Welcome to Romano Law Nurse Corner
We are Susan Ramsey and Amie Goldberg, both practicing attorneys and nurses here at the Romano Law Group. Here is a little more about each of us:
Susan Ramsey is both an attorney and an RN. Ms. Ramsey’s professional experience began as a Registered Nurse in the Intensive Care Unit at Yale New Haven Hospital. While pursuing her Bachelor’s Degree, she was a counselor with the New Haven Rape Crisis Program. During her time with the Program, Ms. Ramsey counseled sexual assault survivors and performed seminars for local police departments, universities, and high schools. During her time working as a registered nurse, Ms. Ramsey decided to attend law school. Ms. Ramsey graduated from CUNY Law School, and has practiced law in several different State and Federal Courts. She is a Florida Heath Care Risk Manager and a member of the Palm Beach County Sober Home Task Force. Ms. Ramsey actively litigates cases involving catastrophic injuries and wrongful death on behalf of survivors, cases include injuries suffered by victims of professional negligence, product liability and medical negligence.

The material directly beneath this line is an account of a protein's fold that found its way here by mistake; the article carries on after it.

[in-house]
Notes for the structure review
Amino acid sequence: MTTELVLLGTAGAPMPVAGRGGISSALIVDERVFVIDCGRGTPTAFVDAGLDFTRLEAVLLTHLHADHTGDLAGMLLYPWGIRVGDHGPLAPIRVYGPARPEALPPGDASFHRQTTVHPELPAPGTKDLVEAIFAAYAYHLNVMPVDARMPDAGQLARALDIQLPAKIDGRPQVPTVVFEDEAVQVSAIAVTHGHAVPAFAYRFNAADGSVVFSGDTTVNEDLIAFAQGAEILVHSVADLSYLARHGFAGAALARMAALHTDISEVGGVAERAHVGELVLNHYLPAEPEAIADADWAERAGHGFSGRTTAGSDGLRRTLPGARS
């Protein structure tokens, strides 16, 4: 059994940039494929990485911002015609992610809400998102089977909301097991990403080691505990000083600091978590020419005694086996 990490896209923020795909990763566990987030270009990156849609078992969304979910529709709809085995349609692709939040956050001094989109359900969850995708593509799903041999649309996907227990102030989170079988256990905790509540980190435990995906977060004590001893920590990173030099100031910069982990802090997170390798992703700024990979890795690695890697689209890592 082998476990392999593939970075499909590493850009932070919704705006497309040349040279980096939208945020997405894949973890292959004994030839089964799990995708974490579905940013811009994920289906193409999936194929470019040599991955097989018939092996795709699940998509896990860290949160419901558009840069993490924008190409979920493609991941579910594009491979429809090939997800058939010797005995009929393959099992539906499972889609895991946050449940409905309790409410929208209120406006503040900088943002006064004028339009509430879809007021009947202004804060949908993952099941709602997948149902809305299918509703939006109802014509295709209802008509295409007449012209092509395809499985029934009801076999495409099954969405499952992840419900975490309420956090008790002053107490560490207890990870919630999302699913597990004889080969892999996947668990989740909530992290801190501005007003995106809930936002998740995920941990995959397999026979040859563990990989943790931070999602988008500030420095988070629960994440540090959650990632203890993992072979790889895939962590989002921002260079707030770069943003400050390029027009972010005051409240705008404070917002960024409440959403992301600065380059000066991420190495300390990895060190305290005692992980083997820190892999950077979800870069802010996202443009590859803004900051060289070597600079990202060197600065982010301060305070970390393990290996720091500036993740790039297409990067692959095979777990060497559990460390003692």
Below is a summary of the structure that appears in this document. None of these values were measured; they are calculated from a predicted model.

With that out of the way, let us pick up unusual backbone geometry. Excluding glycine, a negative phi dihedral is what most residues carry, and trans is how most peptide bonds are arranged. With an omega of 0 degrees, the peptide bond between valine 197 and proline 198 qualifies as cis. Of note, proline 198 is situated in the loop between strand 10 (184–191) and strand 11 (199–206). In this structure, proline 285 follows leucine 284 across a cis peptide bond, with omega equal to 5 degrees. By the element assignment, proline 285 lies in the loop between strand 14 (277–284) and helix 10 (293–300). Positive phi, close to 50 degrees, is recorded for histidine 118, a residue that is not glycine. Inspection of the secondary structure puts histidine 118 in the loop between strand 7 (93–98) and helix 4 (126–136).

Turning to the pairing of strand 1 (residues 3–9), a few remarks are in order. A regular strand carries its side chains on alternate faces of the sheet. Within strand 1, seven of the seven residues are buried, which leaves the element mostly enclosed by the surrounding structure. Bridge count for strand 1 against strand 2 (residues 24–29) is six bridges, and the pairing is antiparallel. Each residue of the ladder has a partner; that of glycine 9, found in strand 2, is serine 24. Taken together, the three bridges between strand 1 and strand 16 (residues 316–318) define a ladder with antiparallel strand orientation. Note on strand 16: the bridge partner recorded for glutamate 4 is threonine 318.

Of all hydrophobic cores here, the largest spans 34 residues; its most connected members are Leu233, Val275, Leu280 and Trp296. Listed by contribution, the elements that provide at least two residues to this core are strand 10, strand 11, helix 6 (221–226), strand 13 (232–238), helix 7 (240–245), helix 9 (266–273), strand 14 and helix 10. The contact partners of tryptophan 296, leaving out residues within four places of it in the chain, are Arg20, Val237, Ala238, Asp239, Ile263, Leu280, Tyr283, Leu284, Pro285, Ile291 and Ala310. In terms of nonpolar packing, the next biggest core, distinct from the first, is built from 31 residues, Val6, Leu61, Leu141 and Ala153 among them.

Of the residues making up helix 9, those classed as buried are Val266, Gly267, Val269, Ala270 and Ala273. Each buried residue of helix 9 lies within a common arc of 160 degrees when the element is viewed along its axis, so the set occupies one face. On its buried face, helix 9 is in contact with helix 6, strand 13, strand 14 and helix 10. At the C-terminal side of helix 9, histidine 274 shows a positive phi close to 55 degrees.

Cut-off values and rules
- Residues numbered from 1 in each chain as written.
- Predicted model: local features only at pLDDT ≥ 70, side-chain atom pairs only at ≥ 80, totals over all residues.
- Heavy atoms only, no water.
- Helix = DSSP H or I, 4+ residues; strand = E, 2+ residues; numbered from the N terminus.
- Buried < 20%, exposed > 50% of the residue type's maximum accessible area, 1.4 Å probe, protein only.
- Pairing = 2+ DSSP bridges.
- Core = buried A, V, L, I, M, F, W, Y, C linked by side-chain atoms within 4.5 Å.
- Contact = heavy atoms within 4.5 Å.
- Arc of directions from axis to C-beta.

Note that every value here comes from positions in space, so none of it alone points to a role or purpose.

Amie Goldberg is both an attorney and a certified APRN. After completing a Bachelor of Arts Degree at Whittier College, Ms. Goldberg attended nursing school at Emory University. Ms. Goldberg’s professional experience started as a Registered Nurse at Egleston Children’s Hospital taking care of children with congenital heart disease. After a few years, she continued working in all areas of the hospital while attending Kennesaw State University on weekends in order to get her Master’s Degree in Nursing with a specialty of Primary Care Nurse Practitioner/Family Nurse Practitioner. During her time as an APRN, Ms. Goldberg decided to attend law school at St. Thomas University in Miami, Florida. Since graduating, she has mainly practiced in the areas of personal injury and worker’s compensation, fighting for the rights of injured people. Since joining the Romano Law Group, Ms. Goldberg has been the Director of the Opioid Litigation Project. Ms. Goldberg also practices in the area of medical malpractice and nursing home negligence, bringing an inside perspective and knowledge to help get justice for our clients.
COVID 19 #3
Should we all be wearing masks?
In recent weeks, facing public uncertainty about the coronavirus and a severe domestic shortage of medical grade facemasks, there has been adamant warnings against widespread use of masks, going so far as to argue that the members of the general public were more likely to catch the virus if they use them.
“Right now, in the United States, people should not be walking around with masks” said Dr. Anthony Fauci, a well-known member of the White House Coronavirus Task Force. However, that was several weeks ago.
While we can all appreciate the need for healthcare providers to be properly protected with medical grade masks, there are those in the healthcare community who are beginning to advocate that the general public wear simple cloth coverings when out in public.